In the 1960's we had a set of glasses with the 7 Wonders of the Ancient World. Still, I needed the PH to get Pharos.
Favorite clues were wedding ring/HORA and day break /SIESTA.
Owen, The Seal in my parlor, A+

Hahtoolah said...

Good Morning, Lemonade and friends. Very challenging puzzle. I got the RISING SEA LEVELS, but didn't suss out the seas. It didn't help that I hadn't actually heard of some of those seas.

I learned that All Over Again is not Redo, by ANEW.

My favorite clue was First Place = EDEN.

QOD: The universe is under no obligation to make sense to you. ~ Neil deGrasse Tyson (b. Oct. 5, 1958)

Lemonade714 said...

Kate Mara
who played on the now ill-fated HOUSE OF CARDS and her sister Rooney Mara who had her breakout role in The Girl with the Dragon Tattoo are both actresses. Their family (the Rooneys) founded the Pittsburgh Steelers and their father's family (the Maras) founded the New York Giants.
Paul, I really appreciate the feedback you provide for us here, and yes we do appreciate creativity and I will try to get to your NYT today.

Paul C. said...

Thanks, Lemony. One of Sharp's big objections to the Tuesday NYT was that it didn't have a revealer. It did originally, DOUBLEPLAYS. Then as I developed the theme to all musicals, I took this out, and put in a central DUETS, clued as "Musical partnerships." But Will thought this wasn't necessary.

By the way, in my post at the top, GOONJAG was a typo. It's meant to be GOONAJAG.

Dudley said...

Hello Puzzlers -

I earned a Technical DNF today, and I’m surprised: for some reason I couldn’t see the S where Pharos met miosis. Otherwise, no real trouble. I couldn’t figure out the theme until the puzzle was finished, but what a clever idea! Nicely done, Paul.

Fermat - adding to what D Otto said, perhaps you’re thinking of “lay low” as being correct present-tense use for “hide”; that should be “lie low” in traditional English. Of course, you know that the lie/lay distinction is getting eroded in contemporary usage, but it appears to me the clue is sticking to tradition.

CED from yesterday - loved the pro-active windshield sign!

Irish Miss said...

Good Morning:

I thought I solved the puzzle correctly but the lack of the Tada told me otherwise. The crossing of Miosis and Pharos, neither of which is familiar, did me in. They were my only unknowns and I had only two w/os with Sole/Solo and Leg/Lap, so the difficulty level wasn't the issue, just my lack of knowledge. I didn't understand the theme at all, so never connected those Seas. I wasn't keen on Hennaing but liked much of the misdirection and word play of the cluing. Liked the Mar, Bar, Tar trio and the Man ~ Mon and Ave ~ Amen entries.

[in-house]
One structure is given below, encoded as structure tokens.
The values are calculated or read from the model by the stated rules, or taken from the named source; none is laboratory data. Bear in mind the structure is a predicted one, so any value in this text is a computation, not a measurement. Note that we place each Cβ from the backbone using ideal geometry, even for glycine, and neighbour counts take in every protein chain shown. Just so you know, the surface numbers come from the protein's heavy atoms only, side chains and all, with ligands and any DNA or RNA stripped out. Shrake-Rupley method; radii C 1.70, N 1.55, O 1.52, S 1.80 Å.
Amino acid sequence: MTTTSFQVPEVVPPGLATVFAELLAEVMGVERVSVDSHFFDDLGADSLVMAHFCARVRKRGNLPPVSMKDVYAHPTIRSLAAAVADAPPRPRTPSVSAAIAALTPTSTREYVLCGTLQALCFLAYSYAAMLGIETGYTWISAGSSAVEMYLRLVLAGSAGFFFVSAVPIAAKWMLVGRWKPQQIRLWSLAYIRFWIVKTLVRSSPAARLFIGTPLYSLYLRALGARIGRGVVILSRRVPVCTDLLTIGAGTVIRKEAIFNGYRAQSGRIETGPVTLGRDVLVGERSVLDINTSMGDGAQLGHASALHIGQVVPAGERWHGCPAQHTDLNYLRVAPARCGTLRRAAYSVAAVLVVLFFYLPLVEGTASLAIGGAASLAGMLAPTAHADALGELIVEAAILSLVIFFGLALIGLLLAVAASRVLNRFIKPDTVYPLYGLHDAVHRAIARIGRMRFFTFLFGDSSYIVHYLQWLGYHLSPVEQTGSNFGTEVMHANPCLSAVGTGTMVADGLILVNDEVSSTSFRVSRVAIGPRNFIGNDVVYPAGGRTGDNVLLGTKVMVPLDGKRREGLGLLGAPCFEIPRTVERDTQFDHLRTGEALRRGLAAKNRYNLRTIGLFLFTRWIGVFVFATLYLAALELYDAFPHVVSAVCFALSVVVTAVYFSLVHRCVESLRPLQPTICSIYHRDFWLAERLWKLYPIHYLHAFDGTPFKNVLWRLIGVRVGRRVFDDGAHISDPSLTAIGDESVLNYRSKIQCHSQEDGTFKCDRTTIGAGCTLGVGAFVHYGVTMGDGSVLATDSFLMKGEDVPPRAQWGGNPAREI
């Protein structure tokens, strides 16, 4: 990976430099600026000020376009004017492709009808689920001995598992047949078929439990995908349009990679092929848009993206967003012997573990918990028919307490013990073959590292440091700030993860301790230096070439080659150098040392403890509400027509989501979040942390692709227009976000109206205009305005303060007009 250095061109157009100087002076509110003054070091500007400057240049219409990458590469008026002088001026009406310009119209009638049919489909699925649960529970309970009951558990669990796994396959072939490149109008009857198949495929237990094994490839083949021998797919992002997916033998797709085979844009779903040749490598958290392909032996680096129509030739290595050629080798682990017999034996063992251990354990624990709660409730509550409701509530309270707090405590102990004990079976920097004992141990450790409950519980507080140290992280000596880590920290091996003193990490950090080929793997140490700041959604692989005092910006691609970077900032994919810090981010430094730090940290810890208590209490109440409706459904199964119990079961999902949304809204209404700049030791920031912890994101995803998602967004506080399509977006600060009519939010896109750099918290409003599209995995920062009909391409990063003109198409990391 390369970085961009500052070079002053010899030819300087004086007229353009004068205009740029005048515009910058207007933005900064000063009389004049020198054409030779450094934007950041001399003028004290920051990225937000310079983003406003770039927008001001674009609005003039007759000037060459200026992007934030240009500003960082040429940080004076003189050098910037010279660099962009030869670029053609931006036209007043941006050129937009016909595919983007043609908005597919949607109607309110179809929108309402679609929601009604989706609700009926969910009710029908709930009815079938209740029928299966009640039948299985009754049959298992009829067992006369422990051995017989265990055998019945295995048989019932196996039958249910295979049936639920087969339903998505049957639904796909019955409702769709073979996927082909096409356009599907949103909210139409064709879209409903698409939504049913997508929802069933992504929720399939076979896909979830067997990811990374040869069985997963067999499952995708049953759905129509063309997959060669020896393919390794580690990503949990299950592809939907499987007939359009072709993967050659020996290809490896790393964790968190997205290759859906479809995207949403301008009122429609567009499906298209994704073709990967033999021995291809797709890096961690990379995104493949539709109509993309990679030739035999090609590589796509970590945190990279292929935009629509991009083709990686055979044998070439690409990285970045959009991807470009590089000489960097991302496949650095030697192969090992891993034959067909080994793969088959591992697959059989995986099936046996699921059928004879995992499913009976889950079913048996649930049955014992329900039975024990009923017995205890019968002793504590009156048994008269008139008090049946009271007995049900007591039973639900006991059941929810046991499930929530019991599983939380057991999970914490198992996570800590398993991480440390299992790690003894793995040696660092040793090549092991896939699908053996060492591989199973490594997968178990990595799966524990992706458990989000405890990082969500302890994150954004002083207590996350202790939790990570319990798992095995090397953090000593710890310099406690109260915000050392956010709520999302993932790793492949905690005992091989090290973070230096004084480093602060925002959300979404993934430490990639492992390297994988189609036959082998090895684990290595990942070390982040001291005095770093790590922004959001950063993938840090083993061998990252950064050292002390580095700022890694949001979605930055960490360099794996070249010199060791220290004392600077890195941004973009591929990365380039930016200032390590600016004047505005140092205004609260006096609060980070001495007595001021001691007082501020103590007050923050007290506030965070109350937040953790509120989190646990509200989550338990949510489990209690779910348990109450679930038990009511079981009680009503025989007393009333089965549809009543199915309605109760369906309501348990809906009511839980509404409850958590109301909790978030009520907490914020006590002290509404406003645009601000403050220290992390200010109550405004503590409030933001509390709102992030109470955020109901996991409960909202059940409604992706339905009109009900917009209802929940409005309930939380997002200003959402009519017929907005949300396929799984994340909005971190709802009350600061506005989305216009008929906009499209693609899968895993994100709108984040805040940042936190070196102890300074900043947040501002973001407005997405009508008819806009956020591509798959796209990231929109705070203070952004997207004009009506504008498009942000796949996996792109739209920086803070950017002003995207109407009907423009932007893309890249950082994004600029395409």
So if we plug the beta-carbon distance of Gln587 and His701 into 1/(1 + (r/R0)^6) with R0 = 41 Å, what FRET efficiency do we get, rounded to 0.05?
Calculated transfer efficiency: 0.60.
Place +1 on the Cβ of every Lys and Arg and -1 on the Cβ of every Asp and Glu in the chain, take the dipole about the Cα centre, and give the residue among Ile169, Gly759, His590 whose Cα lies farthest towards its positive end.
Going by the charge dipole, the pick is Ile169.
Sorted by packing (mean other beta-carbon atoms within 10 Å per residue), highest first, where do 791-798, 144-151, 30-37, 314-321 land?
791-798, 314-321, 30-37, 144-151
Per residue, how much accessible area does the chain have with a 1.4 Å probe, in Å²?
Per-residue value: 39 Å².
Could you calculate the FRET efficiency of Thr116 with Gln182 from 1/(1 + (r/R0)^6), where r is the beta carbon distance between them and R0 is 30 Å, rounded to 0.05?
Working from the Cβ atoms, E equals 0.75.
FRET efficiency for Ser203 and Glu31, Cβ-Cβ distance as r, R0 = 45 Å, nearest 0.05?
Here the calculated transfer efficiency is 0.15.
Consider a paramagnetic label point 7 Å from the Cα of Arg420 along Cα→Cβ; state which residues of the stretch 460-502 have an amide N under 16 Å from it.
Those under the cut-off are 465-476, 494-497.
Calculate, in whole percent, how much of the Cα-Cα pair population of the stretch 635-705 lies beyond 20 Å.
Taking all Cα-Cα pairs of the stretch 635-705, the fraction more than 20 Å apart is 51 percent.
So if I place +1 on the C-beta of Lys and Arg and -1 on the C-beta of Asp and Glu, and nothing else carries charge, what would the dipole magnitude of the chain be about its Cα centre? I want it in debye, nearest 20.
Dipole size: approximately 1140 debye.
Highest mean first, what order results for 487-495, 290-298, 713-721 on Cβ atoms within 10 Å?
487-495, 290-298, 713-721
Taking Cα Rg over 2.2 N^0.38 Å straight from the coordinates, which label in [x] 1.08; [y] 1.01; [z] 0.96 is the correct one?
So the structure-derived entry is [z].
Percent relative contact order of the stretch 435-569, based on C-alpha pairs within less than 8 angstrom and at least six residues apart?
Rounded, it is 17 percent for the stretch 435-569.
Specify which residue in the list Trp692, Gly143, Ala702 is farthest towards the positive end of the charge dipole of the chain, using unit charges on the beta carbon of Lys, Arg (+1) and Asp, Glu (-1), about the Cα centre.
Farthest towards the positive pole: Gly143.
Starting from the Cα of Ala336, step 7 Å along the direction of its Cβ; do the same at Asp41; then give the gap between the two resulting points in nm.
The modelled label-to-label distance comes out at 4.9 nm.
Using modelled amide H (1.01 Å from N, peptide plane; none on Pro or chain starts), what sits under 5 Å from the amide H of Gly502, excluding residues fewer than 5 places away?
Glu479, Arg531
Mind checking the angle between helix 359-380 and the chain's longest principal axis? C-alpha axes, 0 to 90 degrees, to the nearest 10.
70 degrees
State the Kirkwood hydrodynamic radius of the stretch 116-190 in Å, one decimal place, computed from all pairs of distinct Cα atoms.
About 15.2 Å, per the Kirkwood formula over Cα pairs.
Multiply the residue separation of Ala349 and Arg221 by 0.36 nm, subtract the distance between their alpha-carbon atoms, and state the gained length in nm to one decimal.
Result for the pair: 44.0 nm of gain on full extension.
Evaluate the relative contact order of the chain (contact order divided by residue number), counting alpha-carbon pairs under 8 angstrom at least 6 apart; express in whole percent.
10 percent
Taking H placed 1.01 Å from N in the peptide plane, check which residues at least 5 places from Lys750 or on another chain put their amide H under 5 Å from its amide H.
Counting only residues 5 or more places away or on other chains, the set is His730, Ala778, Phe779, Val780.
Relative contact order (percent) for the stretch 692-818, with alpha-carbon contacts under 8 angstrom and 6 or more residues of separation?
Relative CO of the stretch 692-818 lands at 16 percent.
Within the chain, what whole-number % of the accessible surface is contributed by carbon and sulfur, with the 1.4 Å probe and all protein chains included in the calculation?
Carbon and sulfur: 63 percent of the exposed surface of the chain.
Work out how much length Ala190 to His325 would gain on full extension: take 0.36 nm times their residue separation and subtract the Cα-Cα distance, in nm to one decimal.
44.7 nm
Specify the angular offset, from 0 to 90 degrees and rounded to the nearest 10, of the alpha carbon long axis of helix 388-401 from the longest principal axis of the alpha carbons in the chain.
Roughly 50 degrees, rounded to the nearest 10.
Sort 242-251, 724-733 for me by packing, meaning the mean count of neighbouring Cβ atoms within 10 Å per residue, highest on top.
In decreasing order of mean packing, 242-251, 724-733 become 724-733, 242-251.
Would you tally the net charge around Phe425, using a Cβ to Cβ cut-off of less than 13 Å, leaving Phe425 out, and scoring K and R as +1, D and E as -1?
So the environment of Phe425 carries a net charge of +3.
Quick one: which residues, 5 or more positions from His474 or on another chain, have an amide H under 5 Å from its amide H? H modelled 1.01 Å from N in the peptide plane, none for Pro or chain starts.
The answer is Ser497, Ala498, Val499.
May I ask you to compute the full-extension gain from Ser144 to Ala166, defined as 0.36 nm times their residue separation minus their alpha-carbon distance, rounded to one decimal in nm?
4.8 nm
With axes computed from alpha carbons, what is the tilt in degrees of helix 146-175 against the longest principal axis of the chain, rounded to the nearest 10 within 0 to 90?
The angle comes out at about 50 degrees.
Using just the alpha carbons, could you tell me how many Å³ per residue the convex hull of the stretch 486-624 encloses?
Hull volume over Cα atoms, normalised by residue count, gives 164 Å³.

Thank you, Paul, for a Friday workout, even though it was a FIW, and thank you for stopping by and sharing your constructor's travails, especially your comments about Michael Sharp. For an unbiased, even-handed review of the Times' puzzles, read Jeff Chen's analysis. Jeff can be critical but never cruel. Thanks, Lemony, for your outstanding summary and if there were a prize for finding and explaining a puzzle's theme, you would be the worthy winner for today's brain-twister. Bravo!

Have a great day.

SwampCat said...

Paul, I’m amazed at this clever and complicated puzzle! Thanks for all the hard work you put into it, and all the pleasure you gave the rest of us.

So many clever clues. I loved HOSE, WEDDING RING, FIRST PLACE, DAYBREAK, LAD.

I struggled with Much more than a cold. With ENTS close by it had to a cold (flu? Pneumonia? Runny nose?). Oh. That other kind of sniffle, the one with no germs.

Lemon, thanks for explaining it all so thoroughly. Did I mention I never got the theme?

Owen, both A. FLN, I’ll never admit I had read both versions.

SwampCat said...

Oops. That was “Much more than a sniffle” I can’t even blame autocorrect

Lemonade714 said...

You all are being very kind today, as none of you mentioned that my coloring in two of the pairs did not show in the grid posted. It does now.

Husker Gary said...

-A real struggle where SOLO MON finally gave me the gimmick on this brilliant puzzle. MAR MARA??
-Sheldon’s take on operating systems (:14)
-Gary, SLICKS are not wheels they are tires
-Remember this SPROUT?
-I’m giving an EXAM today that isn’t even SO-SO, it is worthless
-GELATI stands in Italy? Talk about ubiquitous!
-More sophomores!

Misty said...